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Monday, September 25, 2006

Um, Kerri Harrop…

Posted by on September 25 at 17:47 PM

If you’re so worried about censorship, please see the statement of Steven Severin from Neumo’s:

My name is Steven Severin and I am one of the owners and talent buyers for Neumos. I am personally responsible for booking Buju Banton. Below is a letter from Buju’s label, but I wanted to let you know my two cents as well.

Neumos does not condone any homophobic, racists, or any other asshole tendencies in our club. Many of you know me and are aware that I am very gay friendly and have tons of homosexual friends and acquaintances. Under no circumstance would we knowingly bring a homophobic artist to town.

No one needs to force Neumo’s to create genre-excluding standards for what types of performance artists it will (and will not) bring to town. Severin has already established those standards himself, and quite clearly: Neumo’s would never knowingly allow a homophobic artist to perform.

The question is what Neumo’s is going to do about this particular artist now that people have noted his homophobic past.

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Well, they can either not do the show, pay him his guaranty, as the club in Bloomington did, or they can do the show and at least maybe make back part of the cost of the guaranty.

If in all likelihood Buju is going to get paid regardless of whether he performs, wouldn't it make more sense to at least force him to earn the fee, and not needlessly burden the finances of a club that books lots of great music.

Typically, people make decisions and commitments based on the information that they have. Then sometimes new information comes to light, and even though they might take a different approach based on the new information, they are sill obligated to carry out the commitments they made based on the old information.

It sounds like that is what happened here.

An online review of his show at the ballard firehouse in 2003

Buju represents the old and new vanguards of Rastafari. He labeled himself last night a Rasta Rebel as he big up his chest and slapped it with his open left palm while he held the microphone in his right he started the song that created so much controversy in the 80’s with homosexuals when he sang, “Boom bye bwoy”, however he didn’t complete or continue the song. He seems to just re-introduce the chorus in a medley of his early works as a testament to his fortitude to survive his critics who boycotted his music. Immediately he segued into, another song, “Champion”, and many other of his early dancehall hits from three decades ago.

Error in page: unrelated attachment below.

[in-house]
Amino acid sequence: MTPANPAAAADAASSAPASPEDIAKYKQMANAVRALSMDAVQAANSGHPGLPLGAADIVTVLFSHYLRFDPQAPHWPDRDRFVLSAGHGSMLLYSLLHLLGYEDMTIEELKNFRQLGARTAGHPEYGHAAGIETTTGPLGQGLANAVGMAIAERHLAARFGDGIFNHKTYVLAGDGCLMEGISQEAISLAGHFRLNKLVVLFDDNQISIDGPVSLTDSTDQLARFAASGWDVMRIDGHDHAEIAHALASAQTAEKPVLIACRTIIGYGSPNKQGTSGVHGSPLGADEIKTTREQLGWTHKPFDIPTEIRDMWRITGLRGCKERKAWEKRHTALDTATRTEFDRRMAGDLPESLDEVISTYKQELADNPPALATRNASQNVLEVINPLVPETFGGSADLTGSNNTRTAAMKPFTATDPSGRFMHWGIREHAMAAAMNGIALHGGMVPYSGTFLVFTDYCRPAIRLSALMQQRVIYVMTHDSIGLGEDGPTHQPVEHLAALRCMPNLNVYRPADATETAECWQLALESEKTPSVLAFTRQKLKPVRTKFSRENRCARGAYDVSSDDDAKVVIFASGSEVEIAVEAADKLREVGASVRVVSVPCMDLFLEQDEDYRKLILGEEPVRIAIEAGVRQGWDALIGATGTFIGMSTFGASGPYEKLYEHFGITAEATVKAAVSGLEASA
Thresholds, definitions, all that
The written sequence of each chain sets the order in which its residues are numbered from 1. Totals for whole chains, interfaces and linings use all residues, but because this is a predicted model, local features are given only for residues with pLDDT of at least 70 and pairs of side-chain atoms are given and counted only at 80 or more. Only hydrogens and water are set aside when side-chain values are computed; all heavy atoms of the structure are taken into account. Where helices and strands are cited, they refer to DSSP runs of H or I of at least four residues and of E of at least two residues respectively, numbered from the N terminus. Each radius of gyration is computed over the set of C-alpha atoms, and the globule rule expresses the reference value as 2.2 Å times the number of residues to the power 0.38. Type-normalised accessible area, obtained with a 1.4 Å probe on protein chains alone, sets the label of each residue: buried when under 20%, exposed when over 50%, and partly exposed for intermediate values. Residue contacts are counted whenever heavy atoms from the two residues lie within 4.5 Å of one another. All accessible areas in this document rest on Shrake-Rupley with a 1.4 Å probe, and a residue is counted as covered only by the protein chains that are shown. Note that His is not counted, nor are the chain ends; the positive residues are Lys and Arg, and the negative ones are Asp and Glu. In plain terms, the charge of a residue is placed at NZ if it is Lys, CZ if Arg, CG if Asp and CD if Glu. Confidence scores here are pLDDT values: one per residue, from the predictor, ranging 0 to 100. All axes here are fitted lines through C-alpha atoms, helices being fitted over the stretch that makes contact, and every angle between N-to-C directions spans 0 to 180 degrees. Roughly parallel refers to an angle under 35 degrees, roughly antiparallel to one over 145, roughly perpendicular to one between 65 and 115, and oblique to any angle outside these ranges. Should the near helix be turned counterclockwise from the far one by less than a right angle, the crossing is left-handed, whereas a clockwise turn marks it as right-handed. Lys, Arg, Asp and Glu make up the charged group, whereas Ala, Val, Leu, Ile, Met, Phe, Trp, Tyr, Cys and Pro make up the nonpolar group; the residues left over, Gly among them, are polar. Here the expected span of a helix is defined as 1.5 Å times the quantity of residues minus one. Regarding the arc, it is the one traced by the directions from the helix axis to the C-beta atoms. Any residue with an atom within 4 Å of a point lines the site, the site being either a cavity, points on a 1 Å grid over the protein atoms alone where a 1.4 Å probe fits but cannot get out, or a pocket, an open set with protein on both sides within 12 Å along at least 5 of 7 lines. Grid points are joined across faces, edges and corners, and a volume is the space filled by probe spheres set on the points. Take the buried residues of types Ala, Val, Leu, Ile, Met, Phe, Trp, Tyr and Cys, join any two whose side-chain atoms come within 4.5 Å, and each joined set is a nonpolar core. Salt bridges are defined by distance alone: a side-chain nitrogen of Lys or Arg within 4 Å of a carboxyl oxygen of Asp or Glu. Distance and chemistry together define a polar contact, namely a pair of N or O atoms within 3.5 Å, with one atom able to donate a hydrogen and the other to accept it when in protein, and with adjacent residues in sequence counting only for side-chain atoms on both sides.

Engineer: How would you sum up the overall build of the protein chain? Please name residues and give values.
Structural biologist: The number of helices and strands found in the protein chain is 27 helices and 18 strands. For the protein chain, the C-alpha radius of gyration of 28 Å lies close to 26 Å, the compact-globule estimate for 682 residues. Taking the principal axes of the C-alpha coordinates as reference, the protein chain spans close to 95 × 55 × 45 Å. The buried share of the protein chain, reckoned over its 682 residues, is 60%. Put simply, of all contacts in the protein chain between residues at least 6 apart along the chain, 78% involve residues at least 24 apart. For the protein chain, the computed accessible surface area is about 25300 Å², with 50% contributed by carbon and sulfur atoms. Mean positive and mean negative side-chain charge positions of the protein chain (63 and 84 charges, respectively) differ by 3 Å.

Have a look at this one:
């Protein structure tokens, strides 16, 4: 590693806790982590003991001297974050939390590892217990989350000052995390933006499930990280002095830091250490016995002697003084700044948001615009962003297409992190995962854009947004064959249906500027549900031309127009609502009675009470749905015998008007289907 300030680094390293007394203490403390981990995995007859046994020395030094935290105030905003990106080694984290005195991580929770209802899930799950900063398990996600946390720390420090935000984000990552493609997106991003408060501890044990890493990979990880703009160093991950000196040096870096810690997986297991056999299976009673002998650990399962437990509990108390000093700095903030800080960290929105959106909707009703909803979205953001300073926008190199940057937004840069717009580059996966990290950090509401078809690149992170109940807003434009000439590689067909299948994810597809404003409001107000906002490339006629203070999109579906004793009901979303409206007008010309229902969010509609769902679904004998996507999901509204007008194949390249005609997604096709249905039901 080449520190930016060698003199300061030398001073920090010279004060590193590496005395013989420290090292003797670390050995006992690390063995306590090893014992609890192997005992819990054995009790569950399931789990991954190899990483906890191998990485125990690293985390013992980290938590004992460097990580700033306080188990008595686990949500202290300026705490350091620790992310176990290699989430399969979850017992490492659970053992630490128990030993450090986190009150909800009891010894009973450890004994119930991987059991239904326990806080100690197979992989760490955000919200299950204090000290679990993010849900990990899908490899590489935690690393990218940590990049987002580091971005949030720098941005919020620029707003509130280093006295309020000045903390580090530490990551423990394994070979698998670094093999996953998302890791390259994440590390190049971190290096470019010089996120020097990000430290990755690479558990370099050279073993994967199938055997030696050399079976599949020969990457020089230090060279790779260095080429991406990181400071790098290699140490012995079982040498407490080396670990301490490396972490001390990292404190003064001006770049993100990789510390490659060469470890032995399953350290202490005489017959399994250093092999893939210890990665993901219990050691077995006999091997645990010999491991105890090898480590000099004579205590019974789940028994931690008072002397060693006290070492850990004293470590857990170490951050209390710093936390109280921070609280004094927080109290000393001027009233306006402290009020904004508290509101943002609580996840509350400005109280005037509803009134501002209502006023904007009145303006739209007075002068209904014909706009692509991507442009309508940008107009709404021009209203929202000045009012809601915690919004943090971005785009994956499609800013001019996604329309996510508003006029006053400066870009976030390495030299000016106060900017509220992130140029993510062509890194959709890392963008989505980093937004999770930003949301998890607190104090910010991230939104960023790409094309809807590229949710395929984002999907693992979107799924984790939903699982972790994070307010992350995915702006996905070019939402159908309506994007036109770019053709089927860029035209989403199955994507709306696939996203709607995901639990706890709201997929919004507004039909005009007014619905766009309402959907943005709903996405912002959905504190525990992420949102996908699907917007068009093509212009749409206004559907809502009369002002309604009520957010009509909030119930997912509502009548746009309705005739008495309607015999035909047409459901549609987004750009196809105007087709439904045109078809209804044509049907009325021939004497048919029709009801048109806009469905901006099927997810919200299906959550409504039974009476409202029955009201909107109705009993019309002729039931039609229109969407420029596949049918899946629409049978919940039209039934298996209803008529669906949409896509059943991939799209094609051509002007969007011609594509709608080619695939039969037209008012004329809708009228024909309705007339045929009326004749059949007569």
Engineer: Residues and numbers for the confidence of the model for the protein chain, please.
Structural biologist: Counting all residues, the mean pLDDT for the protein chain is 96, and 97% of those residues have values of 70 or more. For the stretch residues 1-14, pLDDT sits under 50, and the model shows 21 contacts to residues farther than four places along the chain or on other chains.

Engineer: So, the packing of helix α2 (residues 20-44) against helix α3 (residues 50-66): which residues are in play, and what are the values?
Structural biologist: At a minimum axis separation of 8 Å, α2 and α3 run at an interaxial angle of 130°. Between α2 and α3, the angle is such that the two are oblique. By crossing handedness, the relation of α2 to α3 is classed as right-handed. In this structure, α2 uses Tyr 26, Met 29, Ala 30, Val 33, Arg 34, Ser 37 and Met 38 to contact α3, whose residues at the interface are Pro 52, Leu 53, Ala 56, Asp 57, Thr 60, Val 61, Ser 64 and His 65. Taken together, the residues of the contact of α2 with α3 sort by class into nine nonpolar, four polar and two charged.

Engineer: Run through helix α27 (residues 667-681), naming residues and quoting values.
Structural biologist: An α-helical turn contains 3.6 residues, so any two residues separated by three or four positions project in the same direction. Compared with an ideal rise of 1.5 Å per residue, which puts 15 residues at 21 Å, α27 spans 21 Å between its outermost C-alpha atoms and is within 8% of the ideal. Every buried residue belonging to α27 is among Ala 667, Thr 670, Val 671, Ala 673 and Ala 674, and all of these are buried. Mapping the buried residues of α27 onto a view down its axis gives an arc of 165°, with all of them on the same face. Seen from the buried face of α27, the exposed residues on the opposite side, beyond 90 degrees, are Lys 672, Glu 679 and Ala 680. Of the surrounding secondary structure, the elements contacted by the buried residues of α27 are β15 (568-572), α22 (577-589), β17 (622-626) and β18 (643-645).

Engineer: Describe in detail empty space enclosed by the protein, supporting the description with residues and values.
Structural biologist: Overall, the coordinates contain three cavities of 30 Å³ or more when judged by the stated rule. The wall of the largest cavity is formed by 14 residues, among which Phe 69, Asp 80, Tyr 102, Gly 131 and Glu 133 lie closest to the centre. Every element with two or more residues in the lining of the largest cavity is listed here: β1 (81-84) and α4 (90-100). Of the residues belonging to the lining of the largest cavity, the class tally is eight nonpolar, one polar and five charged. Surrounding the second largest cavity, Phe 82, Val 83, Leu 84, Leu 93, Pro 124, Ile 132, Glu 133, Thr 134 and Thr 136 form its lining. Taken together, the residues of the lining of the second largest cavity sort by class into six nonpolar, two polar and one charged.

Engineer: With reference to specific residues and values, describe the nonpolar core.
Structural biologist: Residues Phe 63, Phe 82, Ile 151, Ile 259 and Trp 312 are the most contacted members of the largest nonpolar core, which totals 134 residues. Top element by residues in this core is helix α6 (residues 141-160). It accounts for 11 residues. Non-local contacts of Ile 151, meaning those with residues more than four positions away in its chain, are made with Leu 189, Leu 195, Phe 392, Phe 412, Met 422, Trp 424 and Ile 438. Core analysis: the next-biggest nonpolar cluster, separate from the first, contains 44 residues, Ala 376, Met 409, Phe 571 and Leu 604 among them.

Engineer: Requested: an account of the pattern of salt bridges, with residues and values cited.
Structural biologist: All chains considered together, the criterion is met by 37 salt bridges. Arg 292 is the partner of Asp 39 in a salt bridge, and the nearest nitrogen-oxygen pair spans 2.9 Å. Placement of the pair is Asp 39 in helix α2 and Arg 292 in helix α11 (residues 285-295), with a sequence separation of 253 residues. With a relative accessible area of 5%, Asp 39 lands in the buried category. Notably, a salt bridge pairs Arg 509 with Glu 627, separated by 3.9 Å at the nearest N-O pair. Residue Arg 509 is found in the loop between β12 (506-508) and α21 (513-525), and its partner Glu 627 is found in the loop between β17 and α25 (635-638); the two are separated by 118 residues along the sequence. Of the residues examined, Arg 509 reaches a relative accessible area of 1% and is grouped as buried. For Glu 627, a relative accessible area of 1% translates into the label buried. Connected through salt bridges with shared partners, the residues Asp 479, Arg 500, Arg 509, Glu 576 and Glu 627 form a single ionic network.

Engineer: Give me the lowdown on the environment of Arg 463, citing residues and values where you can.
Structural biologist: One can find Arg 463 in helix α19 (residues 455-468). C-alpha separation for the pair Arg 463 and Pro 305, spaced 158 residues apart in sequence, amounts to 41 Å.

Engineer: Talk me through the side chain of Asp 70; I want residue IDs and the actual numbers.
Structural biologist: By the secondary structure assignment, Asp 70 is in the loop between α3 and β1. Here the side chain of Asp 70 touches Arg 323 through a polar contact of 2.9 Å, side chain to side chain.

The question is what Neumo’s is going to do about this particular artist now that people have noted his homophobic past.

don't you mean "now that the stranger has noted his homophobic past"?

as someone commented in another post, this is not the first time buju banton has played seattle. i don't remember any outcry over his previous performances, despite the fact that the song currently being debated was apparently penned when he was 15 years old.

the following artists are all guilty of either homophobic lyrics and/or commentary from the stage: beastie boys, ice cube, ween, beenie man, eminem, guns & roses, busta rhymes, and sizzla. by no means is this list complete.

i have been at countless shows where the word "faggot" is used from the stage, as well as many performances where a great number of crimes against humanity (misogyny, murder, mayhem, rape, to name a few) are extolled by artists.